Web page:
Written by Steven Hansen
Looking back, the Federal Reserve believed the decline in oil prices was good for the economy – and would provide a stimulus as consumers could spend the money saved on lower oil prices on other items.
A quick look shows the rate of consumption growth has declined from its peak in January 2015. Lower oil prices did not seem to lift consumption.
And the personal savings rate, peaked at the end of 2012 – has been in a very tight range since January 2013. Any savings from lower fuel costs did not migrate into savings (money banked or debt reduced).
Energy prices at times positively correlates to expenditures, at times negatively correlates – but most of the time it does its own thing.
What I found interesting is that consumers are currently spending more on energy related items than they did before the recent decline in energy prices.
Increased consumer spending since the beginning of 2015 came from durable goods – and to a large extent from the auto sector. The consumer seems have invested the fuel savings on gas guzzling beasts. [graphic below from University of Michigan]
And consumers started driving more. The graph below is population adjusted miles driven.
Still over time – the real correlation for expenditures is to income. People eventually spend all they make. If you measure an economy by how much it spends (GDP) – why would anyone believe lower prices for anything could provide an economic boost. Said Yellen at a press conference at a press conference on 17 December 2015:
From the standpoint of the U.S. and U.S. outlook, the decline we’ve seen in oil prices is likely to be, on net, a positive … It’s good for families, for households. It’s putting more money in their pockets.
GDP is far from a perfect tool to measure the economy, and does not attempt to measure the economic health of its median citizen.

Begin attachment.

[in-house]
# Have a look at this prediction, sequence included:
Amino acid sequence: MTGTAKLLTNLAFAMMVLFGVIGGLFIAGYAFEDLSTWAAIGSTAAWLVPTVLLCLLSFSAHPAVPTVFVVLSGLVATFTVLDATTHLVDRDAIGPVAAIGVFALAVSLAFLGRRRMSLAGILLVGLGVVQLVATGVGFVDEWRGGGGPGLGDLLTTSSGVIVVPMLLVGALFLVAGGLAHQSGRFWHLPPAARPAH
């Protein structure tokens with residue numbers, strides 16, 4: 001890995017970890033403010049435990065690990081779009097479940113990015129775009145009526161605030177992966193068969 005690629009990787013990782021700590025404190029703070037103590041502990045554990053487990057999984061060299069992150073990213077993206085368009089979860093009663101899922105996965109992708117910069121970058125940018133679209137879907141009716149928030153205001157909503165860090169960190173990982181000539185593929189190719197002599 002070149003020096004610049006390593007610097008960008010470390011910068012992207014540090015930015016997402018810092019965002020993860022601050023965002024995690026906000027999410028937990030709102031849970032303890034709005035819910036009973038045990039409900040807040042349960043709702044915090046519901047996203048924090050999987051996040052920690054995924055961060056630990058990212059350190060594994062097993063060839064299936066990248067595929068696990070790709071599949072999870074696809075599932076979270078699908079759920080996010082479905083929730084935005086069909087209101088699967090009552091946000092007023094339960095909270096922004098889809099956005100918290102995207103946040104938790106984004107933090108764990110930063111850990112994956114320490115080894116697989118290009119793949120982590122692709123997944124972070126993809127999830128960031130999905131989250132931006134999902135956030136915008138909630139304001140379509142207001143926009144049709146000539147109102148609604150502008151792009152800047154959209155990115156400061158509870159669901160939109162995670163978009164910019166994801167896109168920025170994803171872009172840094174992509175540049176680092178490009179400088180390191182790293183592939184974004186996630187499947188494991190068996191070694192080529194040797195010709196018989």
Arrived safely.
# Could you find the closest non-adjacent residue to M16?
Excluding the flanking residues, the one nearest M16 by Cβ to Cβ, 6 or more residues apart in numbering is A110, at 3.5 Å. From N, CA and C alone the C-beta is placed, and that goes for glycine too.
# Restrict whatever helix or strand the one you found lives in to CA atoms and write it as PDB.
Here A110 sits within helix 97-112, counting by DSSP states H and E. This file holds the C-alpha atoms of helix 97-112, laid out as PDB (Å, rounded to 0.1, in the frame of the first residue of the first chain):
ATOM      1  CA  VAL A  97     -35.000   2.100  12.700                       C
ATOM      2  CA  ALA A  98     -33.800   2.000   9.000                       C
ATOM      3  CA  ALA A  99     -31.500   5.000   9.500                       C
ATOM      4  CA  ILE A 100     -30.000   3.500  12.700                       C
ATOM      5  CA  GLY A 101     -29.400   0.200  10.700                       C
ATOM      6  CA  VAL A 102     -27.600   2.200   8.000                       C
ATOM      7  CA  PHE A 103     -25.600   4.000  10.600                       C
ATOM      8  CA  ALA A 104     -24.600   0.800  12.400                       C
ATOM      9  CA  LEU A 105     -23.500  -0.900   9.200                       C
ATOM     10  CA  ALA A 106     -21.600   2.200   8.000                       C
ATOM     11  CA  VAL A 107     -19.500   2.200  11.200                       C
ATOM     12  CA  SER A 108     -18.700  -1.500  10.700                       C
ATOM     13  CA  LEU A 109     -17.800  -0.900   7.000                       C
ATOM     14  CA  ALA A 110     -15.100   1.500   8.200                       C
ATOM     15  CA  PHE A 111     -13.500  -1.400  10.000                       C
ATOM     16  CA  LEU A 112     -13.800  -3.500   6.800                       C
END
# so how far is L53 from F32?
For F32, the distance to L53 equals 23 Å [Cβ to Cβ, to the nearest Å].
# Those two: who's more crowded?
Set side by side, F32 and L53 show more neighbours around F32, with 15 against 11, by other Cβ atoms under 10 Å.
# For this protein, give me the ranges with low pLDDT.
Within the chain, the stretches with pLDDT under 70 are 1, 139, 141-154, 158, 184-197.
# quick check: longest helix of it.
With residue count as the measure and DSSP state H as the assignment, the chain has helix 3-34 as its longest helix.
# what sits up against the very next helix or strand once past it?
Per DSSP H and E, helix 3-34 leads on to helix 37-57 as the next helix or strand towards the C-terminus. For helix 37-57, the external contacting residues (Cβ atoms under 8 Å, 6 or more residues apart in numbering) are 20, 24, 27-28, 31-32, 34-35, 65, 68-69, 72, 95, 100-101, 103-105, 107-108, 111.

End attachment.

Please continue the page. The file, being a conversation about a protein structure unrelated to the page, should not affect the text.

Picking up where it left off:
Consider during the periods of lower gasoline prices, consumers began to spend more than they made. Did lower fuel prices make families feel richer? Is this a coincidence or just another economic law not understood?
Other Economic News this Week:
The Econintersect Economic Index for April 2016 again insignificantly improved but remains relatively weak. The index continues near one of the lowest values since the end of the Great Recession. This marginal index improvement is due to data being compared against relatively soft data – both month-over-month and year-over-year. Our employment six month forecast is for slightly weaker employment growth for April – and the long term decline in the employment forecast remains in play.
Economic Cycle Research Institute (ECRI) Weekly Leading Index (WLI) Growth Index is now in positive territory and forecasting a marginally strengthening economy six months from now.
Current ECRI WLI Growth Index
The market expectations for weekly initial unemployment claims (from Bloomberg) were 240,000 to 264,000 (consensus 260,000), and the Department of Labor reported 257,000 new claims. The more important (because of the volatility in the weekly reported claims and seasonality errors in adjusting the data) 4 week moving average moved from 260,750 (reported last week as 260,500) to 256,000. The rolling averages generally have been equal to or under 300,000 since August 2014.
Weekly Initial Unemployment Claims – 4 Week Average – Seasonally Adjusted – 2011 (red line), 2012 (green line), 2013 (blue line), 2014 (orange line), 2015 (violet line)
Bankruptcies this Week: Goodrich Petroleum, SunEdison (fka MEMC Electronic Materials), Sao Paulo, Brazil-based Lupatech (f/k/a Valmicro Industria e Comercio de Valvulas – Chapter 15)